More than half of the U.S. population has VKORC1 genotypes that affect safe and effective warfarin dose, while between 3% and 20% of individuals, depending on ethnicity, have CYP2C9 alleles that do. Patients with CYP2C9 variants and impaired warfarin clearance need lower doses, and those with VKORC1 variations require dose adjustments to optimize their response to the drug. Variant CYP2C9 and VKORC1 alleles combined with certain patient characteristics, other drugs the patient is taking, and clinical status may predict more than 50% of dosing variability, according to a 2005 presentation on pharmacogenomics and warfarin available on the ARUP Laboratories (Salt Lake City, Utah) Web site (see box, below).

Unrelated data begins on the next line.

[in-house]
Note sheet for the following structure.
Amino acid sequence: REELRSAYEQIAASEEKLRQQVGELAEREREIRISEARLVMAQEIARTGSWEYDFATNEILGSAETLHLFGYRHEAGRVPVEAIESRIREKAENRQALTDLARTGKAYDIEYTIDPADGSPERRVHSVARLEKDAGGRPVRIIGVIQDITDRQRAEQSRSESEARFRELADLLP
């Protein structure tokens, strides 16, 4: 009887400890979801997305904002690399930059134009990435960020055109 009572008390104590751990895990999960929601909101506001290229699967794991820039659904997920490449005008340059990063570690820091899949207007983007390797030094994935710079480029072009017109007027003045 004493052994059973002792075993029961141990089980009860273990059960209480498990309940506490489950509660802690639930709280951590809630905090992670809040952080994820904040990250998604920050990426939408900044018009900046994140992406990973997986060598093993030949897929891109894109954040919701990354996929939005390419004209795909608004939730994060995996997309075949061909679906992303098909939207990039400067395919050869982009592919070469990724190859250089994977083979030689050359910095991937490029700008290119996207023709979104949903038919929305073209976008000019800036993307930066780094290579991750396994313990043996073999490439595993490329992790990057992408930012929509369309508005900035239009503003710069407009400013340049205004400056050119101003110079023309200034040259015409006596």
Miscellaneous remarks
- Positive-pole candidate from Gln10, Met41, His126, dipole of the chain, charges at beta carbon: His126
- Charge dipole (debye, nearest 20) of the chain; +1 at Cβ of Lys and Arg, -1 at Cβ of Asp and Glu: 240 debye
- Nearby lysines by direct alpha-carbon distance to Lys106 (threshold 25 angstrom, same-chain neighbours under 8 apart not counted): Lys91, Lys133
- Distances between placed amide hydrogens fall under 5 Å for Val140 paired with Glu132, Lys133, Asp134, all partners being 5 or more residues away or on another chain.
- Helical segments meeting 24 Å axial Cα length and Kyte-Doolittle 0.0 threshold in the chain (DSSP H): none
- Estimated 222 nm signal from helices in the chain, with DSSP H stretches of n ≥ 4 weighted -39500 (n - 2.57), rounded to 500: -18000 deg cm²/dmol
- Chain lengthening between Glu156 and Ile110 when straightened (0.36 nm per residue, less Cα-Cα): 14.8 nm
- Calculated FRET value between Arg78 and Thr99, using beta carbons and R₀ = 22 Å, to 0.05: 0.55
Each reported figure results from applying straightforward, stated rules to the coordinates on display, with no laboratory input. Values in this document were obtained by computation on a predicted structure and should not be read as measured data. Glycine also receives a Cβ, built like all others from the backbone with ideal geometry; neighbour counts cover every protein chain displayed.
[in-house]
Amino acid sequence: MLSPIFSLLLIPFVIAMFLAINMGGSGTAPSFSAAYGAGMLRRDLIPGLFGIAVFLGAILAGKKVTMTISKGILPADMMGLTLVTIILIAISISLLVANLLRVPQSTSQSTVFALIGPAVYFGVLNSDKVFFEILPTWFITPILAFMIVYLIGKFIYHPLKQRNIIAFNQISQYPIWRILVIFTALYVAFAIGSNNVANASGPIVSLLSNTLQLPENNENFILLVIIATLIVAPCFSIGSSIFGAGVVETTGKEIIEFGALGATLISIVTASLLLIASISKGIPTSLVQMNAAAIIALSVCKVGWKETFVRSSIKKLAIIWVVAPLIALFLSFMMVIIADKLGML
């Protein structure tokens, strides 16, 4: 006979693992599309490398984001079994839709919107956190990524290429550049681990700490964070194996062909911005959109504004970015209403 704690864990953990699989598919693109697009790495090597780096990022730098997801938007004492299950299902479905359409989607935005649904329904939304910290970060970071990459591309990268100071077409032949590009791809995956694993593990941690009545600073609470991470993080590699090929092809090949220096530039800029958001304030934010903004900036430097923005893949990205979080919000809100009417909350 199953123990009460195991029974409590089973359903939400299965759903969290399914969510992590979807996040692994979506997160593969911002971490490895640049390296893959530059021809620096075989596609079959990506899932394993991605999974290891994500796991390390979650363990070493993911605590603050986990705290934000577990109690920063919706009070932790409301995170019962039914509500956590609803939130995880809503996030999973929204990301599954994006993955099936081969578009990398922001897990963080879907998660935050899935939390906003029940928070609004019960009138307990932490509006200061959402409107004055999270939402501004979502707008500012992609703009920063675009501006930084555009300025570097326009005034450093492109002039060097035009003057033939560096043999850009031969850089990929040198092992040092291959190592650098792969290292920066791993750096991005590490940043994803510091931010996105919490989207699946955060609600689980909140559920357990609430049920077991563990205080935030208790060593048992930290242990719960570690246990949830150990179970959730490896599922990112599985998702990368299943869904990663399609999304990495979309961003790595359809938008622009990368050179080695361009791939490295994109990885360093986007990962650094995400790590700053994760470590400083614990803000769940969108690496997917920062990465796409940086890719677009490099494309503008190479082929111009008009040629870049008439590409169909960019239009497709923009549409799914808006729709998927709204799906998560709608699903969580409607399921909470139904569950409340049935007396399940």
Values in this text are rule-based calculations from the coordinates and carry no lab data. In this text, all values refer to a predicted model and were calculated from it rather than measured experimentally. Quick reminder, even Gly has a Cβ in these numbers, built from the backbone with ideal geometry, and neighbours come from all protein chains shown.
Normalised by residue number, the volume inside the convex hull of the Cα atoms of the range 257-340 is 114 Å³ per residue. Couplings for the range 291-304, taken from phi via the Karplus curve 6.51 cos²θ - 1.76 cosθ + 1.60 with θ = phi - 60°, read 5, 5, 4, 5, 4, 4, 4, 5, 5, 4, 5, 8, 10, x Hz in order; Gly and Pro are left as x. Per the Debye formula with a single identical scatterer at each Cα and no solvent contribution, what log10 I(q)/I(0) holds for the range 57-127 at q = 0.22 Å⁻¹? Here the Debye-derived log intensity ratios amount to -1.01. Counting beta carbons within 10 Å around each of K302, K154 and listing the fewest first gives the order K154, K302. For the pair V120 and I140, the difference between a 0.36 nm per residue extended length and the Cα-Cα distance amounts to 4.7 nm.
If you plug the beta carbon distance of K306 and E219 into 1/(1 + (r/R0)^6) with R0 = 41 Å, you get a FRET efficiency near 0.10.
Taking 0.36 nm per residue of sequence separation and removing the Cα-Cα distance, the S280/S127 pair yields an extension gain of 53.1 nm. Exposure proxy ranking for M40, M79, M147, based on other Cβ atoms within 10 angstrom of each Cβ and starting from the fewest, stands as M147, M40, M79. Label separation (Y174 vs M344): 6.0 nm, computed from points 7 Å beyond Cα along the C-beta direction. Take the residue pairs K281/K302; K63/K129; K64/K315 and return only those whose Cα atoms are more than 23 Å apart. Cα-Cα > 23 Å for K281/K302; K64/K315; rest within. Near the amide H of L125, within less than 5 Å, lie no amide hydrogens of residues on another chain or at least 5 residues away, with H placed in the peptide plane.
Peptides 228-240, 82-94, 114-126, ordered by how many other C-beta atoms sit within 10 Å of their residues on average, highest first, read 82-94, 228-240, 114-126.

Resources for Pharmacogenomic Tests and Warfarin Dosing

For clinical labs, examples of technologies that are most cost-effective and useful for identifying genetic variations that affect warfarin dosing are based on real-time polymerase chain reaction (PCR) and signal amplification, according to Gwen McMillin, PhD, Medical Director of ARUP Laboratories’ Toxicology Lab. Real-time PCR is the fastest—giving results in less than an hour—because it detects variations as it amplifies. The LightCycler instrument marketed by Roche Applied Science (Indianapolis, Ind.) uses this technology. Signal amplification requires a separate instrument—such as a spectrophometer or luminometer—to identify variations and takes a little longer. However, results usually are available within a normal shift. The Invader chemistry marketed by Third Wave (Madison, Wis.) is an example of a technology that uses signal amplification to detect genetic variants. Other technologies, such as arrays, can detect more genetic variants, but are much more expensive and unnecessary to identify the three most common alleles now used to predict how the body processes warfarin, according to McMillin.